This would be a constant favourite if not for the fact that our local waitrose doesn’t stock radicchio (shock! horror!) and it appears only sporadically on the North End road market stalls. The salad has wonderful flavours and texture, we usually add bacon to it as we find that very few things cannot be improved by addition of bacon. The secret to balancing the bitterness of radicchio and strong flavour of fennel is sweetness of orange juice in the dressing.
500g salad new potatoes
1 fennel head
1 radicchio head
15 olives (optional)
juice of 1 orange
60ml white wine vinegar
90ml olive oil
Boil the salad potatoes to just cooked – we use baby Jersey Royals in season, but Cornish Mids or Charlottes also work well. Drain and place in a bowl. Liberally sprinkle with olive oil and add salt.
Thinly slice the fennel and place on top. Halve the radicchio and de-core, tearing the remaining leaves into large uneven pieces. Scatter on top together with the olives and lightly toss the salad to just reveal the potatoes. Whisk the dressing ingredients together, add to the salad and serve.
This tasted very Italian and wonderful. Tomatoes, courgettes, basil and oregano all from my own garden. Fresh pasta from Waitrose, bacon from the butcher’s in the North End road market,
250g fresh cherry tomatoes, halved
2 small courgettes, chopped into small pieces
200g of pancetta or smoked bacon cubed
250 fresh spaghetti
1 fresh red chilli
1 garlic clove
handful of basil
handful of oregano
pecorino or parmesan, shavings
Preheat oven to 220C. Arrange the cherry tomatoes densely on a tray and sprinkle with olive oil. Season. Roast for 15-20 mins so the tomatoes are soft but do not fall apart.
In the meantime, chop finely the garlic, shallot and chilli, fry in a little bit of olive oil for 2-3 mins. Add the pancetta and fry for another 2-3 mins, finally add the courgettes cooking them till they are soft.
Boil water, put the pasta in, bring to boil and cook for 4 minutes. Drain. In a large bowl combine the pasta with tomatoes (don’t forget the juices from the tray), pancetta and courgettes. Add fresh oregano and basil leaves. Serve with shavings of parmesan or pecorino and good Chianti.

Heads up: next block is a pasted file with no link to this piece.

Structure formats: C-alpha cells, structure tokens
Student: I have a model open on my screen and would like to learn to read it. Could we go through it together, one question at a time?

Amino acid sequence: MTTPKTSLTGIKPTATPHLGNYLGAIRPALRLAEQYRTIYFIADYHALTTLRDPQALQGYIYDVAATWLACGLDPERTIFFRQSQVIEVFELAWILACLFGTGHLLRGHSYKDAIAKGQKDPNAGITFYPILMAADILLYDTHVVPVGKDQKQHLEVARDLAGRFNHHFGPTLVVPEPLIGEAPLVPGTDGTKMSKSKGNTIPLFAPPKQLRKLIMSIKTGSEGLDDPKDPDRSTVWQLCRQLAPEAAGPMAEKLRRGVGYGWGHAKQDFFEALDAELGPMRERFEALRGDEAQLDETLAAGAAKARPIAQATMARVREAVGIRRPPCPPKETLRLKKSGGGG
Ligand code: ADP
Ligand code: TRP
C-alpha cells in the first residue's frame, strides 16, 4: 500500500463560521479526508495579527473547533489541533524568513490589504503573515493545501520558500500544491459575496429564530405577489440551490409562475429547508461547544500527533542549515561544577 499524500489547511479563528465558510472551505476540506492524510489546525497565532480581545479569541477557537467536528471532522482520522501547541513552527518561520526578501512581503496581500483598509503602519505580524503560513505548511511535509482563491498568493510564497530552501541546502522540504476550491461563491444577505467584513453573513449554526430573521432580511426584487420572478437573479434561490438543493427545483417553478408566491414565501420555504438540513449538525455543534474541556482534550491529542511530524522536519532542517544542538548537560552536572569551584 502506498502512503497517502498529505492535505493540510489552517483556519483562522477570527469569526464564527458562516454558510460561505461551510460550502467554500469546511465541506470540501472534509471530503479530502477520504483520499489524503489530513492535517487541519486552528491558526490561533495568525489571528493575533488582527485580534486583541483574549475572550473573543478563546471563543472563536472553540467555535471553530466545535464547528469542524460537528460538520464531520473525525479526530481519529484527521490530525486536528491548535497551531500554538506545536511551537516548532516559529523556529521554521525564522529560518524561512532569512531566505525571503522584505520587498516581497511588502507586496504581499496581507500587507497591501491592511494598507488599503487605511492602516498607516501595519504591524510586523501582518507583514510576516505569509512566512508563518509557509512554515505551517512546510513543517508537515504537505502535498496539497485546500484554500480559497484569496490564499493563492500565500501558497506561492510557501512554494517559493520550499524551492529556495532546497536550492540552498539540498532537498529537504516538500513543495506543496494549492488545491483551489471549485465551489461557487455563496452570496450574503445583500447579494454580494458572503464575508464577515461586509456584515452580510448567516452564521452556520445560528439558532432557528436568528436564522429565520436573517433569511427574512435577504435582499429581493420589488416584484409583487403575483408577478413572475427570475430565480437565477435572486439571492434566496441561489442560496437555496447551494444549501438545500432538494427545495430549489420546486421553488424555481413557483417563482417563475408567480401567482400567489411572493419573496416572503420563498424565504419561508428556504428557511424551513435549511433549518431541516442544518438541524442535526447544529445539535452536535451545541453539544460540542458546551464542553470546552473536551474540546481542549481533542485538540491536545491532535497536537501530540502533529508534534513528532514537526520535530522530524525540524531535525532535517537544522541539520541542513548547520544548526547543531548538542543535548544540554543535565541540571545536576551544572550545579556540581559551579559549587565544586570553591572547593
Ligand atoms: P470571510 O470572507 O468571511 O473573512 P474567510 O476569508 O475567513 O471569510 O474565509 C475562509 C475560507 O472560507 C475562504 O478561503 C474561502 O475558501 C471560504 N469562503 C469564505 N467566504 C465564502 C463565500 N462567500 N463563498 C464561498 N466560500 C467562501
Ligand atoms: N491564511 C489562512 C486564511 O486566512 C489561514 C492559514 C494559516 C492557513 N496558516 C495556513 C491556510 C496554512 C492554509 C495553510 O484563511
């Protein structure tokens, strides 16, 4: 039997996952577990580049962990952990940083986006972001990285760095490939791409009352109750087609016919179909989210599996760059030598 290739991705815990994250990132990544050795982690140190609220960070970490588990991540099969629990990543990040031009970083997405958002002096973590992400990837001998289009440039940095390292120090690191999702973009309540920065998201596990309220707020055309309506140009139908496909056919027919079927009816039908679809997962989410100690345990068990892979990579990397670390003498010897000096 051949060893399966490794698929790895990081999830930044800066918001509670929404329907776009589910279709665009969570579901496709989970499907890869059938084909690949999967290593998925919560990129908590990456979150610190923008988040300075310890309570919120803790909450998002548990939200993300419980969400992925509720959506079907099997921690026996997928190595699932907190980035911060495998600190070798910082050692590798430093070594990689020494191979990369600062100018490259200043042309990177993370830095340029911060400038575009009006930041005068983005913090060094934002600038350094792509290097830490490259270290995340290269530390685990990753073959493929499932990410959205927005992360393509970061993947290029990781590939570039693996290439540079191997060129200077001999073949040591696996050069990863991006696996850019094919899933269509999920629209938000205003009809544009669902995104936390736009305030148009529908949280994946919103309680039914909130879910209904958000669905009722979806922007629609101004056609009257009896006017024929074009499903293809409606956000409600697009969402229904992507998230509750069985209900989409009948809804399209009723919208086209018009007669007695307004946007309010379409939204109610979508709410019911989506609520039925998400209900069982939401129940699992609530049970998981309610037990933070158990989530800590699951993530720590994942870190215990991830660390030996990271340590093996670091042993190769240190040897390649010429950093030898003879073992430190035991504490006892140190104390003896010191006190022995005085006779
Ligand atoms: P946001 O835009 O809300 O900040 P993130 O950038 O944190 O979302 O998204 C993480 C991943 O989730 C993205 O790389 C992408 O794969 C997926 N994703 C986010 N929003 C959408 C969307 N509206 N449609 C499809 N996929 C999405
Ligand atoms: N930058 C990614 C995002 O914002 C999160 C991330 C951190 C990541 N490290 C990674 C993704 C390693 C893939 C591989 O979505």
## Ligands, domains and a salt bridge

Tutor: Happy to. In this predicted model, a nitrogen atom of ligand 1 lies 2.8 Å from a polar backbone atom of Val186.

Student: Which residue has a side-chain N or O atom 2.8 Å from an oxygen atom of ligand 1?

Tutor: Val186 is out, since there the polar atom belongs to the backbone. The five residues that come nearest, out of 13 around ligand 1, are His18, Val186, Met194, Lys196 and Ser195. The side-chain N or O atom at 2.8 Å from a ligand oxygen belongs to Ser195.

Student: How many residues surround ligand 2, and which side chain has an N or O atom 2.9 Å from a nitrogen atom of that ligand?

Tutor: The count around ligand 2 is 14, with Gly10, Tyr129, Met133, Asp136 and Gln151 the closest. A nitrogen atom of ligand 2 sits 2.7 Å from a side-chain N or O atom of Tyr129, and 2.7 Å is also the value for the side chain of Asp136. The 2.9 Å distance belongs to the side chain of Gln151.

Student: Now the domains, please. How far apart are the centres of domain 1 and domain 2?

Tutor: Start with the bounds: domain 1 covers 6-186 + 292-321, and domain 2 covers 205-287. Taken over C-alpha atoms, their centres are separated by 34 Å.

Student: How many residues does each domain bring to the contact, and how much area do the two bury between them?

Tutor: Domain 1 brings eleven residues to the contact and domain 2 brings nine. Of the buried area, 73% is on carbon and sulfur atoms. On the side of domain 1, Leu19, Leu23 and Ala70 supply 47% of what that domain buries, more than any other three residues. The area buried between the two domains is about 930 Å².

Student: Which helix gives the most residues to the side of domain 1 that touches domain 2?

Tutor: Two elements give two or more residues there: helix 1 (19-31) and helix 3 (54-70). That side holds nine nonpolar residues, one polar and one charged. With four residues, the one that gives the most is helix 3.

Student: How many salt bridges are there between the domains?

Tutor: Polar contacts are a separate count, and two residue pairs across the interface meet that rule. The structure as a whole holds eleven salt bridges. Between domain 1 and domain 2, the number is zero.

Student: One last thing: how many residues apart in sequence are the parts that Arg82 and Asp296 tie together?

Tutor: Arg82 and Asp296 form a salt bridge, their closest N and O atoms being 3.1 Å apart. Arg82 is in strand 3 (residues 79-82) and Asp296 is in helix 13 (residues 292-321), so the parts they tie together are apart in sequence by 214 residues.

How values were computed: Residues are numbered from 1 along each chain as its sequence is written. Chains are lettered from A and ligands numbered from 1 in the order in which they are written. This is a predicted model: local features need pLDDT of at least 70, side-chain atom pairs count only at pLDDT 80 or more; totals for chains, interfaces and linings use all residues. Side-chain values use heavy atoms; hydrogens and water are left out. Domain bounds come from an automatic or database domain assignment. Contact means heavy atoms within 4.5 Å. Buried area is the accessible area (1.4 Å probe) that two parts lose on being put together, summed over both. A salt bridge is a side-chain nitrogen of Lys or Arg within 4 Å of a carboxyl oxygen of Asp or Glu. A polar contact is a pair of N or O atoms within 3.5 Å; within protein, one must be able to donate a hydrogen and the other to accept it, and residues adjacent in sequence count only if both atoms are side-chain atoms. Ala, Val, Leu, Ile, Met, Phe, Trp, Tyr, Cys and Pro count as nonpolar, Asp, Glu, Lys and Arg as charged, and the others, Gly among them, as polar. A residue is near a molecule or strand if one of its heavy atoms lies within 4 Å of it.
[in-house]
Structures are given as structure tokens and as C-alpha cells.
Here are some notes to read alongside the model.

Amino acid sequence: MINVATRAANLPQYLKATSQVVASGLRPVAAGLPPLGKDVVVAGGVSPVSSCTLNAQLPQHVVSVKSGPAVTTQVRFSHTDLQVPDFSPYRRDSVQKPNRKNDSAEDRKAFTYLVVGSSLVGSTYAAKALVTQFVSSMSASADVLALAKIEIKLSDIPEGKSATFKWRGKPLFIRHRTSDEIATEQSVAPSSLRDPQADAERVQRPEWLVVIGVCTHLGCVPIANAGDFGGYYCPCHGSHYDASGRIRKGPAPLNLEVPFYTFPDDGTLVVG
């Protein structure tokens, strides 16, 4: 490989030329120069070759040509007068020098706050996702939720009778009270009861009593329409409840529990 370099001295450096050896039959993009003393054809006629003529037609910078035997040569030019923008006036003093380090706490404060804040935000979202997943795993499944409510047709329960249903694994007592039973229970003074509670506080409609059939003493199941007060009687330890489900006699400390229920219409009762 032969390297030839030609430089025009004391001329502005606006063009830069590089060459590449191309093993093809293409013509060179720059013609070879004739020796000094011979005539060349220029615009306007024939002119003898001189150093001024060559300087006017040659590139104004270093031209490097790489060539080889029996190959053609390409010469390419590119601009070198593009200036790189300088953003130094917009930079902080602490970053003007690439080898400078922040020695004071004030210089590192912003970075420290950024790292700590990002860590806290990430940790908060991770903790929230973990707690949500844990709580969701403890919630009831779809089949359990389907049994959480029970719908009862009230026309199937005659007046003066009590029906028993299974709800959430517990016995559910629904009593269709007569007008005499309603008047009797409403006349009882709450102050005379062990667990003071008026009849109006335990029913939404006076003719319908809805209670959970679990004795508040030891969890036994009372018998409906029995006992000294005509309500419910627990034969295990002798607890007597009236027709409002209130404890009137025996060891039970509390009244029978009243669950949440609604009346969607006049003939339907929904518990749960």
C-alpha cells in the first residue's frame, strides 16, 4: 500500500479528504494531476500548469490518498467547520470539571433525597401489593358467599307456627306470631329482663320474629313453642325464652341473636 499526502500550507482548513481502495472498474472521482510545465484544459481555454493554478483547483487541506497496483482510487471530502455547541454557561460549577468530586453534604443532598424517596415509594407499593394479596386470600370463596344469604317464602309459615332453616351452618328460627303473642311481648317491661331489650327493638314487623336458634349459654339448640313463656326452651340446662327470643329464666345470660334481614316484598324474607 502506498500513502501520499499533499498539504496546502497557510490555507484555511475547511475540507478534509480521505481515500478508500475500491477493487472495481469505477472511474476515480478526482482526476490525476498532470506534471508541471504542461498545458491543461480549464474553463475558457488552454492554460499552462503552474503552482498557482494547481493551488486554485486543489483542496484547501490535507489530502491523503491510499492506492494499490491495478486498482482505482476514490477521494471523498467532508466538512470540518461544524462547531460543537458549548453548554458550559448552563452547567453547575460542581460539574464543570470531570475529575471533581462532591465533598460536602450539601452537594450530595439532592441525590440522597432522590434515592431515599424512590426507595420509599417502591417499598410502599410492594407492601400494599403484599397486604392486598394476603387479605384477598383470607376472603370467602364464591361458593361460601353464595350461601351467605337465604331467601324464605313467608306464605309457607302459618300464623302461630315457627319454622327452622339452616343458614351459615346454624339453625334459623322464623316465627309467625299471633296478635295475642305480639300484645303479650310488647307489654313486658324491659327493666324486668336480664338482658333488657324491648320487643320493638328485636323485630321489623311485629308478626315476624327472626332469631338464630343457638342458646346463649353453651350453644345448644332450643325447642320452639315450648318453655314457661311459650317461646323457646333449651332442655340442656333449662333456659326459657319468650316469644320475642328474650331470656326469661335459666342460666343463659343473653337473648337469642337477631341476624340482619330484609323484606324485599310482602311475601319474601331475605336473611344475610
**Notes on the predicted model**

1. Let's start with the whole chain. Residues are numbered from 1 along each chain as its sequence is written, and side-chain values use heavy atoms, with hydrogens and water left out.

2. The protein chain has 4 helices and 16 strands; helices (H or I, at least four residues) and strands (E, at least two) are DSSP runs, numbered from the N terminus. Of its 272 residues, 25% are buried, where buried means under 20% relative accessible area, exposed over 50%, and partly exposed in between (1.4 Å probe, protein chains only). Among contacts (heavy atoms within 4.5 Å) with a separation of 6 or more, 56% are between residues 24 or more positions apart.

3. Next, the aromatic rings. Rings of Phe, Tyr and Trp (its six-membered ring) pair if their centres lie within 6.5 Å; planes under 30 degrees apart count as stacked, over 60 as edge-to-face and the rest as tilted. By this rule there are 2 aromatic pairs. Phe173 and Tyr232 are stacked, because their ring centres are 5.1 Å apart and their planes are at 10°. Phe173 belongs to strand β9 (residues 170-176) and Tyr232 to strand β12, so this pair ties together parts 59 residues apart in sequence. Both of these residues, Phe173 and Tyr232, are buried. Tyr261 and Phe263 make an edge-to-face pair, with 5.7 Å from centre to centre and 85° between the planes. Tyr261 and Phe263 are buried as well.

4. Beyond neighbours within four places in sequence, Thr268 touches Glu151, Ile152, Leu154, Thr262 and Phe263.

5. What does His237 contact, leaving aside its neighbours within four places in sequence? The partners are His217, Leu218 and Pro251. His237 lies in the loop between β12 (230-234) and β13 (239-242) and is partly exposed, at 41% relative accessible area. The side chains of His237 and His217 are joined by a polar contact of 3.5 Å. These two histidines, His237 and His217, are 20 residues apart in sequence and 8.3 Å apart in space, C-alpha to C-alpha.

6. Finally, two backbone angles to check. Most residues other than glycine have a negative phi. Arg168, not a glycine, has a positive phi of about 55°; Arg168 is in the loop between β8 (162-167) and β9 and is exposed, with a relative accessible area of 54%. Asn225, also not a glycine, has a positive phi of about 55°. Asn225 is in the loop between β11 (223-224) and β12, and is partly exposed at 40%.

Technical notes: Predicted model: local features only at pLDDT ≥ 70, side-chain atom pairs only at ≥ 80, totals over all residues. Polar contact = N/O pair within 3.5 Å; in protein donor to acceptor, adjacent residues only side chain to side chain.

This is one of my winter staples. Heart-warming soup works both as a main course for a simple dinner or a starter to a bigger evening meal.
250g dried cannellini, haricot or butter beans (I normally use waitrose canned cannellini or butter beans, which work perfectly)
6 cloves (I used as many as necessary to turn one onion into a hedgehog)
handful of parsley stalks
8-12 black peppercorns
1-2 bay leaves
3 tbsp olive oil
1-2 stick celery diced
2 carrots diced
200g piece smoked bacon cubed (I use about 4 smoked bacon rashers from my local butchers or a packet of pancetta/lardons)
1 litre chicken stock or ham stock (when in a hurry I use knorr chicken cubes, no MSG or preservatives)
150ml single cream
chopped parsley to garnish
Go easy with the seasoning – the bacon means you shouldn’t need salt at all.
Put the beans into a large pan and cover with 1 litre water. Stick the cloves into one of the oinions and add it to the pan along with the parsley stalks, peppercorns and bay. Bring to the boil, skim off any scum, then partly cover. Turn down to a simmer and cook for an hour, with the lid on. Drain the beans and discard the onion, bay and parsley stalks.
Chop the other onion finely. Heat the olive oil in a large pan and add the onion, celery, carrot and bacon (keep back some of the bacon to fry for a garnish).
Cook gently until golden. Add the beans and stock. Bring to the boil, then turn down and simmer for 25-30 minutes. The beans should collapse completely – press them with the back of a wooden spoon to help them along. Add the cream (if using), season with pepper and taste. Quickly dry-fry the rest of the bacon, divide it between each serving of soup and scatter with parsley.
Note: I used coriander instead of parsley on occasion and it works well too. Different stock also affects the flavour, I found that using my own chicken stock makes for a creamier, less pronounced taste compared to the knorr chicken stock cubes.